Four Camas-Washougal runners cross the finish line before the Boston bombings

From accomplished to frightened

Photo courtesy of Dolly Fisher Bales Camas and Washougal runners Dana Seekins, Dolly Fisher Bales, Derek O’Quinn and Anita Burkard enjoy dinner with their families before the Boston Marathon. All four runners crossed the finish line before the bombings on April 15.

From accomplished to frightened

April 15 should have been a day of celebration for Camas and Washougal runners Anita Burkard, Dolly Fisher Bales, Derek O’Quinn and Dana Seekins.

All four crossed the finish line at the Boston Marathon after training together for months at LaCamas Swim & Sport.

“Right after I crossed the finish line, I turned to the perfect stranger next to me and gave him a high-five,” Fisher Bales said. “We finished! It was such elation.”

Seekins recalled the warm temperature in Boston for the marathon the year before. She was almost dreading it at the starting line. This year, the weather was “perfect.”

“I ran a six-minute [personal best]. That’s how good the conditions were,” Seekins said. “I had about 30 minutes to celebrate that.”

At 2:50 p.m., the first of two bombs exploded in Copley Square killing three people and injuring 170 more. Seekins was caught in the middle of the chaos searching for her husband.

“I went to meet Bryan, and I was facing that direction,” she said. “I saw the blast and the smoke. It was so loud.”

Seekins caught a glimpse of her husband as she made her way to the finish line, but she hadn’t talked to him since before the race started. Exhausted from the marathon, Seekins struggled to make her way through the crowd. Panic set in as she heard the sirens and saw the emergency responders. Police had also set up perimeters between the runners and the crowd.

“After running 26 miles, I’m not about to go jumping over barriers,” Seekins said. “I asked somebody if I could borrow their phone. I called Bryan, but I couldn’t get through. We tried it again and I finally got a hold of him. I just told him to meet me at the street corner. It was intense.”

Burkard and Fisher Bales were picking up their bags by the buses on Boylston Street when they heard the explosions.

“The first one set us back on our heels at bit. We were both wondering what it was,” Fisher Bales said. “When the next one went off, we knew something terrible had happened.”

They were given more details through text messages. Family and friends were already asking if they were all right.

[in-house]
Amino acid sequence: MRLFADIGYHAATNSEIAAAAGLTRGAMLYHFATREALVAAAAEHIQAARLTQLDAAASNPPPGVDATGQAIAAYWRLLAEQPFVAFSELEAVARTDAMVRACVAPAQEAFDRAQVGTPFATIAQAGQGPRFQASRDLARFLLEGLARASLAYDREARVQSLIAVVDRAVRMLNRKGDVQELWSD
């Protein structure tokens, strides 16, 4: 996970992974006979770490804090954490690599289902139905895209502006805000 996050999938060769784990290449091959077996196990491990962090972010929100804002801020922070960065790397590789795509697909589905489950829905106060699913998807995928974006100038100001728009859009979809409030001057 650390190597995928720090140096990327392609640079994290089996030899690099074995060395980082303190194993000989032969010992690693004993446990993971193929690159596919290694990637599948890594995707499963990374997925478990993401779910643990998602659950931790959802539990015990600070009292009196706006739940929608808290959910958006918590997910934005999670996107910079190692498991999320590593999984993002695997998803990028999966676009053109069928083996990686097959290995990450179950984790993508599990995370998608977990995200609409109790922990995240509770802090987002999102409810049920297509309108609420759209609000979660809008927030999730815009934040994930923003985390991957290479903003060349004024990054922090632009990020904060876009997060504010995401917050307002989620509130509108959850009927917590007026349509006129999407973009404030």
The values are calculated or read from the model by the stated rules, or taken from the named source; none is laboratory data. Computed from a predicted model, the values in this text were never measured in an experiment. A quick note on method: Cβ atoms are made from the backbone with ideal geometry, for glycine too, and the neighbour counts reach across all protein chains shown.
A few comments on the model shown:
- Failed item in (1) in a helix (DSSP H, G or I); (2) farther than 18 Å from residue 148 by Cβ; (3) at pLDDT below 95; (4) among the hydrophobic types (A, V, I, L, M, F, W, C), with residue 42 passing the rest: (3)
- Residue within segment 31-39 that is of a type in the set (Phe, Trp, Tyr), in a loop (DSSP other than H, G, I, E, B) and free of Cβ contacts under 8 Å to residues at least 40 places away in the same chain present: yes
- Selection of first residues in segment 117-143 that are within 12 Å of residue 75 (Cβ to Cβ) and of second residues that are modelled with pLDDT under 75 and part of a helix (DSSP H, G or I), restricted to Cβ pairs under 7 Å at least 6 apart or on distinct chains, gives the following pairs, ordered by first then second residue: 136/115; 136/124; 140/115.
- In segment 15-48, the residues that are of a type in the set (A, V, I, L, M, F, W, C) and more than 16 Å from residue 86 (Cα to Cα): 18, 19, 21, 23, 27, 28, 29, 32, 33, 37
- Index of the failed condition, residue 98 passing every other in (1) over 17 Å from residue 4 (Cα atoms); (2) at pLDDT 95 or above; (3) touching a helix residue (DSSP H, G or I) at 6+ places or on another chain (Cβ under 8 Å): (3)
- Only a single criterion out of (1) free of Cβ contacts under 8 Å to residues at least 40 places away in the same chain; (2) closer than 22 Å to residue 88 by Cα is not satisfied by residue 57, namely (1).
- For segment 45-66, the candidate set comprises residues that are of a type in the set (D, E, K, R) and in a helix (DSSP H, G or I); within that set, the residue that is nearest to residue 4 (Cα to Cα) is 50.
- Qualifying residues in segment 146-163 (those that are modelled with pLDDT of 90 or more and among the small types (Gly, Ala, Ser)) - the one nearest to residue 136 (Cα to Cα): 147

“You think it’s something like an attack, but you hope it isn’t,” Fisher Bales said. “Unfortunately, it turned out to be true.”

Fisher Bales knew her husband was in the waiting area. Burkard said her husband, his sister and three other friends were standing near one of the bombs. They left just minutes before it went off.

“The elation of finishing the marathon dissolved into concern and shock at the magnitude of what just happened,” Burkard said.

The four runners returned home to an outpouring of support from their hometowns.

“It’s wonderful to be back home. Running a marathon is inconsequential to the frailty of life,” Seekins said. “The amount of phone calls, e-mails and text messages we’ve received has been overwhelming. I feel real blessed to know there are so many people here who care about us.”

Seekins and Fisher Bales feel sorry about the victims. Many of them were there just to cheer on the runners. They had no idea they were in harm’s way.

“What makes Boston so special is all the people,” Fisher Bales said. “You are in their city, but they make you feel so welcome. That’s what makes it so heartbreaking.”

“It’s 26 miles of non-stop cheering for you,” Seekins added. “I am so sorry for the ones who were killed or injured. They are such an important element to the running. Even though they don’t get a medal, they should.”

Seekins thought this would be her last Boston Marathon. But something deep inside encourages her to give it another go.

“I anticipate the next Boston Marathon will be very passion filled. People will be running and cheering with a sense of defiance,” Seekins said. “You cannot do this to us. We will not be swayed.”